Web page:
All rescued from ship amid fears of coastal dam­age

Gaso­line re­port­edly smelled in the area and vis­i­ble in the wa­ter.

The Atlanta Journal-Constitution - - FRONT PAGE - By Alexis Stevens [email protected]

Res­cuers work­ing to free the trapped crew mem­bers wanted to send word that help was on the way. They tele­graphed the mes­sage of hope from the hull of the dis­abled ship.

Tap, tap, tap.

Most crew mem­bers of the Golden Ray, which cap­sized Sun­day off the coast of Ge­or­gia, were al­ready safe. Four re­mained on­board Mon­day morn­ing as the ship lay on its side within view of the St. Si­mons Is­land Pier.

“Even­tu­ally, (res­cuers) got tap backs,” said Capt. John Reed, com­man­der of U.S. Coast Guard sec­tor Charleston. “Know­ing that the peo­ple were alive made all the dif­fer­ence.”

Three of the crew mem­bers had been to­gether on the ship and had been rescued by mid­day Mon­day. A fourth had been stuck be­hind glass in an engi­neer­ing con­trol room. By Mon­day evening, the fi­nal crew mem­ber was be­ing es­corted onto dry ground, smil­ing and wrapped in a blan­ket.

“Day­light,” he said with re­lief.

Ge­or­gia Ports Author­ity ex­ec­u­tive di­rec­tor Griff Lynch greeted news of the suc­cess­ful res­cues with a word of thanks.

“Our prayers have been an­swered,” he said. “Right now we are work­ing closely with the Coast Guard to re­open the chan­nel so ves­sel traf­fic can move safely to and from our Brunswick ter­mi­nals.”

The Golden Ray, a South Korean ves­sel regis­tered out of the Marshall Is­lands, had de­parted the Brunswick port bound for Bal­ti­more about 1 a.m. Sun­day when a fire broke out on­board. It cap­sized in St. Si­mons Sound off the shore of St. Si­mons Is­land with 24 peo­ple aboard, in­clud­ing 23 crew mem­bers and a pi­lot from the Brunswick area. Twenty peo­ple, in­clud­ing the pi­lot, were rescued shortly there­after.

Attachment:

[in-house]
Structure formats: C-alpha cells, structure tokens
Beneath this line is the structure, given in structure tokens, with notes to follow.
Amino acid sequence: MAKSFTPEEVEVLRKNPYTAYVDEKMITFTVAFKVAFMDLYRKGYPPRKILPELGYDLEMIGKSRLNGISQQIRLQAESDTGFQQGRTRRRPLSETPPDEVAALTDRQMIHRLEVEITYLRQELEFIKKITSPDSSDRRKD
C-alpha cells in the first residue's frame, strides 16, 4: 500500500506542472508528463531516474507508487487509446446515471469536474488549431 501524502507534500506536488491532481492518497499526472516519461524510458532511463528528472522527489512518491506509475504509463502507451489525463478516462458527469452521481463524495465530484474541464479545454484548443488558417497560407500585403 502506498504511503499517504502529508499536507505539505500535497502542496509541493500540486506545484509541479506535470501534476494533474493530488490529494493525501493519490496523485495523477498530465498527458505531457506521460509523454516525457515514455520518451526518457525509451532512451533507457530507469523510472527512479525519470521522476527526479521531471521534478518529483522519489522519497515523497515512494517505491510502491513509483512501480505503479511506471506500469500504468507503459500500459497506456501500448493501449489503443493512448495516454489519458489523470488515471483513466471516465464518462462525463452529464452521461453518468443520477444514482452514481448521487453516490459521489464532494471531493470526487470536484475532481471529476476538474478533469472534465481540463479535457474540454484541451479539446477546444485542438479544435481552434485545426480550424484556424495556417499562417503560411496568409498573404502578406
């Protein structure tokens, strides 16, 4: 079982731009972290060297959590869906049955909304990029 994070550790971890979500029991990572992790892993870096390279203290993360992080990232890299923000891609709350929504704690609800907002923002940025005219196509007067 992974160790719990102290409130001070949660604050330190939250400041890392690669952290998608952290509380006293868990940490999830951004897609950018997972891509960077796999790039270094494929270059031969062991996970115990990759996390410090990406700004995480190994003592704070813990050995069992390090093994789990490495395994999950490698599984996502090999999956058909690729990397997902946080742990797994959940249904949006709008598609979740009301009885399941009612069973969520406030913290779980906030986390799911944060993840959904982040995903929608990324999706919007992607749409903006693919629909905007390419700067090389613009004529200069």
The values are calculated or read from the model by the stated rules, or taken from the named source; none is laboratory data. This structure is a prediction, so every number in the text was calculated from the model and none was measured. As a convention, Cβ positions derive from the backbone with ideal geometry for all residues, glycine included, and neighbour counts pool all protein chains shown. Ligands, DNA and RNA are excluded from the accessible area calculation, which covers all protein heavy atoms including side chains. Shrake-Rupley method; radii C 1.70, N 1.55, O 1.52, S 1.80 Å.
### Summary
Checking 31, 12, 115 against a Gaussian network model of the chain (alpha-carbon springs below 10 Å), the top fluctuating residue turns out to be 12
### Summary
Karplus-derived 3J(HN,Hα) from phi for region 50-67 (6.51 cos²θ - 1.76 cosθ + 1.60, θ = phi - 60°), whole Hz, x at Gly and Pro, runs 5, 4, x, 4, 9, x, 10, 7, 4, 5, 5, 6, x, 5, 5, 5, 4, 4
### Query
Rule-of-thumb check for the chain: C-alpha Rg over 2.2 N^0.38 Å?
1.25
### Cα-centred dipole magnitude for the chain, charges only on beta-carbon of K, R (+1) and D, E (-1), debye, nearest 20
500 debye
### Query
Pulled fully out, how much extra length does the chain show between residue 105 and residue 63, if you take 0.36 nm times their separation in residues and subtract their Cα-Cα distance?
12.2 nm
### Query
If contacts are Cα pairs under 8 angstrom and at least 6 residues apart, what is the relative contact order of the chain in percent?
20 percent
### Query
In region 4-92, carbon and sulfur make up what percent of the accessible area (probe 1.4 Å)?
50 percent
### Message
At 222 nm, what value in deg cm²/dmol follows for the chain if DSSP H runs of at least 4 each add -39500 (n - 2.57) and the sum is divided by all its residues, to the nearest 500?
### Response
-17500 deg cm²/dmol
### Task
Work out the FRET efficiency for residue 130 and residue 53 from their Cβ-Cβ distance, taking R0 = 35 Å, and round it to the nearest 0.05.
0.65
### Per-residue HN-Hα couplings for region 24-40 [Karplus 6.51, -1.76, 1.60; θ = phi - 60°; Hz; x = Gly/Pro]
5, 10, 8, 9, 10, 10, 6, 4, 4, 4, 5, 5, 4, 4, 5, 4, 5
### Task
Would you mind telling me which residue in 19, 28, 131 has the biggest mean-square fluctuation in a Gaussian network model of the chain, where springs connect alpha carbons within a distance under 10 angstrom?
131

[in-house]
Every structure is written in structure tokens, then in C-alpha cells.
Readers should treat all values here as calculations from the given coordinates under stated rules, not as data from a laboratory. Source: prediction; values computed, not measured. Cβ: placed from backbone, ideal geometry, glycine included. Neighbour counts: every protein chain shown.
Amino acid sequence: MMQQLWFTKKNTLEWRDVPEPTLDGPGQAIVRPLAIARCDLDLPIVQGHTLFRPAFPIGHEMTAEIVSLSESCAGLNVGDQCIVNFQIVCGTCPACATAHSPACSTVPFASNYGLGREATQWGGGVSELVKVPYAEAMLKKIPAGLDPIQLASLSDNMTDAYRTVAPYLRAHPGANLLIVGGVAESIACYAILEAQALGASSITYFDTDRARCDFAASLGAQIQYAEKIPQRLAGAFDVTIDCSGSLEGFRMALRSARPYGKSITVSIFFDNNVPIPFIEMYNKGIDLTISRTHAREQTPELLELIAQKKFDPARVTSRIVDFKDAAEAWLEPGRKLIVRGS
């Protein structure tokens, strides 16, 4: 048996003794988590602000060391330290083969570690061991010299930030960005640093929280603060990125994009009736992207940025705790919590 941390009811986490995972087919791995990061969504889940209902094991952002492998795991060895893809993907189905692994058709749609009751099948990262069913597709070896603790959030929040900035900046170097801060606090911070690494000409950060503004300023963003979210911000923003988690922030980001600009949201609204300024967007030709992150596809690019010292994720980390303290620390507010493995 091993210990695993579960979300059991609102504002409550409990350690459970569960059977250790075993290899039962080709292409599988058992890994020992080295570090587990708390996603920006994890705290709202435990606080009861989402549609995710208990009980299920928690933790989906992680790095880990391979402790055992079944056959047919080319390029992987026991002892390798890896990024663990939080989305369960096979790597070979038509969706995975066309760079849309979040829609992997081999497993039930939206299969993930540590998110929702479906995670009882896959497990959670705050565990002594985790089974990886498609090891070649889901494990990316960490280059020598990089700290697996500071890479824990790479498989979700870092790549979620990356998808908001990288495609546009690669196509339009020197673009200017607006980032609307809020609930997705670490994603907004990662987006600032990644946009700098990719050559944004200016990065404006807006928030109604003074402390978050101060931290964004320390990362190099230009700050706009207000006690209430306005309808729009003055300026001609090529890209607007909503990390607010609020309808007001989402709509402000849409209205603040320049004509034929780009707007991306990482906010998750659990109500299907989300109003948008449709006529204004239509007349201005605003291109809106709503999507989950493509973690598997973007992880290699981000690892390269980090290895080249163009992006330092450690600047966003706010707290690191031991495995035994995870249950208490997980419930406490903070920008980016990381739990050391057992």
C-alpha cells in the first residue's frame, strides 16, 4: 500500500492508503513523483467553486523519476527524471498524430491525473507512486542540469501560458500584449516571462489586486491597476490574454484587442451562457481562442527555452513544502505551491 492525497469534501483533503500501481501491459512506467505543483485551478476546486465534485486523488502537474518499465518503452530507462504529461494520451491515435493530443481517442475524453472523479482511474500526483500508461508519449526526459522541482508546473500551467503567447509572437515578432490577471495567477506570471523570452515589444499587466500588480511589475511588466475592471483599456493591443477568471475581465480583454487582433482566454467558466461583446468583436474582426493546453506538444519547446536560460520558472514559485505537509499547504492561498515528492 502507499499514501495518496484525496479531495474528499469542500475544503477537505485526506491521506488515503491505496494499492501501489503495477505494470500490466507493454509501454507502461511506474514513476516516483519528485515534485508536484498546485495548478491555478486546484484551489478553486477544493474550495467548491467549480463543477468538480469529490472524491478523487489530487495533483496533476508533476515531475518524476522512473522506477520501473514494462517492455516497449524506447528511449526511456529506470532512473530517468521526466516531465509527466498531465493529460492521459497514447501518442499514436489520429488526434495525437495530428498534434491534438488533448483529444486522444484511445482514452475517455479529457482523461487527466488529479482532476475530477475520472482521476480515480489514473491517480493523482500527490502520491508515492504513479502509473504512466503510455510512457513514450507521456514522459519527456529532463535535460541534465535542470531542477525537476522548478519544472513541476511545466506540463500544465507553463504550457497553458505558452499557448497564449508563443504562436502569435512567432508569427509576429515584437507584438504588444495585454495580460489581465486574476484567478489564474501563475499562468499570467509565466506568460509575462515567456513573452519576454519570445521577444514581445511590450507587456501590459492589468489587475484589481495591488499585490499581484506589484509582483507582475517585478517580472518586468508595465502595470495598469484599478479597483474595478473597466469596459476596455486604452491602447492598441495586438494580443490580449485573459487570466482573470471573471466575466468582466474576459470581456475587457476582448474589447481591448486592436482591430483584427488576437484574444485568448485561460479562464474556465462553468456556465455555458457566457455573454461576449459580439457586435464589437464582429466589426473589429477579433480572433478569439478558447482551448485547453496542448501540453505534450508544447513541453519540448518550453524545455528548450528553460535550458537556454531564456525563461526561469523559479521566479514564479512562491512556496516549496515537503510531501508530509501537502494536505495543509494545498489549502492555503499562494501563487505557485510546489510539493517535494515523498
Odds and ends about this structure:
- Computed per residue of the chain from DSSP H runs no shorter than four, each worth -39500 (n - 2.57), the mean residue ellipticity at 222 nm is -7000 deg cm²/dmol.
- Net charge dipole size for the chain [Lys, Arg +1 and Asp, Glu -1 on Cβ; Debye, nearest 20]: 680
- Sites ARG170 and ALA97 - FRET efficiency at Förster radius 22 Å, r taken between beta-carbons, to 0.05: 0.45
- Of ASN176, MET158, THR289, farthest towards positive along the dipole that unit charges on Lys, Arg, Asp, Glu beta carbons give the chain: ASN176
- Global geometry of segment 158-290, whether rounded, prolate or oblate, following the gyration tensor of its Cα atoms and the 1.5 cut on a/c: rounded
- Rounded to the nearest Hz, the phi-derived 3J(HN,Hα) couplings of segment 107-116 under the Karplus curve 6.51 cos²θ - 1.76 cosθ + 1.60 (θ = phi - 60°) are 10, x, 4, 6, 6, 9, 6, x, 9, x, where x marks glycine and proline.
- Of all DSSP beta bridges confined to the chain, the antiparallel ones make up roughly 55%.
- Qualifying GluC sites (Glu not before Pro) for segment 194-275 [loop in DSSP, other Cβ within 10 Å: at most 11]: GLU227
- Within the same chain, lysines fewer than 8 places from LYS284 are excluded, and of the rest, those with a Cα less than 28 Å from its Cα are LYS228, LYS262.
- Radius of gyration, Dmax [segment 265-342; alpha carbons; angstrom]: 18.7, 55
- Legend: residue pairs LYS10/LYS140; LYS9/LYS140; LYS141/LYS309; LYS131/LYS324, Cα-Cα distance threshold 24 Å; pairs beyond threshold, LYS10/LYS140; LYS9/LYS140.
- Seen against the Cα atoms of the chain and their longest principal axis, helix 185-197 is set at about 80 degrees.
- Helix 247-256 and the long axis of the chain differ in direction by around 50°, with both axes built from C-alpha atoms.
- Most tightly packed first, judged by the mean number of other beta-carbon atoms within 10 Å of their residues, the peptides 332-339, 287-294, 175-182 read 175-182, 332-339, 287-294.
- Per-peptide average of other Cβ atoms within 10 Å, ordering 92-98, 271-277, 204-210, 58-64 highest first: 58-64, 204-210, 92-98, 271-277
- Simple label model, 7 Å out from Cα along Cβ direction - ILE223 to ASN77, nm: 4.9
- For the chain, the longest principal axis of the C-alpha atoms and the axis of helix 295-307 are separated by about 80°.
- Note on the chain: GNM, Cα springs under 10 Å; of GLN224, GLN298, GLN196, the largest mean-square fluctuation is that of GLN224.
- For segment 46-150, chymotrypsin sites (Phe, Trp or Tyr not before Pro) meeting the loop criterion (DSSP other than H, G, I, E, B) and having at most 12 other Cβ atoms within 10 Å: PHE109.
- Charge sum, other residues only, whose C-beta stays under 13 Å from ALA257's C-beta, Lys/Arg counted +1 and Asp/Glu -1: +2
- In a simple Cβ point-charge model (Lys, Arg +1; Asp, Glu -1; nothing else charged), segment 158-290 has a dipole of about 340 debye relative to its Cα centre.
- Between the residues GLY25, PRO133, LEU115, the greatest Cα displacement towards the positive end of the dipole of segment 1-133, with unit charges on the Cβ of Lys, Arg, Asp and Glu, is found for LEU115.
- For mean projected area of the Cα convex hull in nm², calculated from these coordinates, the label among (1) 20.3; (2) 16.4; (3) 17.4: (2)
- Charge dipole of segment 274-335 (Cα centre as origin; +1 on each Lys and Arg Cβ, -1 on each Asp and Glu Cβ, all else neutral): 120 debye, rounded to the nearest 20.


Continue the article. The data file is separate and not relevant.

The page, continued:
The ves­sel had ap­prox­i­mately 4,200 ve­hi­cles on board, ac­cord­ing to the Ports Author­ity. The ve­hi­cles re­main on­board the dis­abled ship

The cause of the in­ci­dent re­mains un­der in­ves­ti­ga­tion. Au­thor­i­ties do not be­lieve the ship struck any­thing in the wa­ter.

Mean­while, en­vi­ron­men­tal ad­vo­cates were wor­ried about the po­ten­tial dam­age to the wa­ter­way, where crews were re­mov­ing oil Mon­day af­ter­noon.

“Any leak is big,” said Su­san In­man of the Al­tamaha River­keeper. “This is just another blow to our coast.”

In­man, who serves as the or­ga­ni­za­tion’s coast­keeper, said gaso­line could be smelled in the area and was vis­i­ble in the wa­ter, both signs of con­tam­i­na­tion. Crews were at­tempt­ing to con­tain oil with booms, or tem­po­rary bar­ri­ers placed in the wa­ter, she said.

“This is the wa­ter­way from the is­lands and the main­land and the area be­tween is a marsh­land, and it’s like a nurs­ery” for a va­ri­ety of dif- fer­ent an­i­mals, In­man said.

The work was just be­gin­ning late Mon­day, with plans un­der­way for even­tu­ally right­ing the ship and mov­ing it, of­fi­cials said. Sev­eral agen­cies and busi­nesses were as­sist­ing the Coast Guard, in­clud­ing the Ge­or­gia Depart­ment of Nat­u­ral Re­sources, Moran Tow­ing, SeaTow, Brunswick Bar Pi­lots As­so­ci­a­tion, and the Glynn County Fire Depart­ment.

“While this is only the first part of the Golden Ray and the St. Si­mons Sound in­ci­dent, there re­mains a lot of work to do, threats to the en­vi­ron­ment, haz­ards to peo­ple and to the econ­omy through the port of Brunswick con­tinue to be ad­dressed through a uni­fied com­mand,” Reed said.

In­man said she it will take a collaborat­ive ef­forts to re­move the cargo ship while also min­i­miz­ing en­vi­ron­men­tal im­pact: “It’s fair to say we have no idea how this is go­ing to be or how long it’s go­ing to be.”

Source: map­©HERE STAFF


A res­cue team helps a crew mem­ber of the cap­sized Golden Ray on Mon­day af­ter­noon. He was one of four re­main­ing crew mem­bers on the ship.

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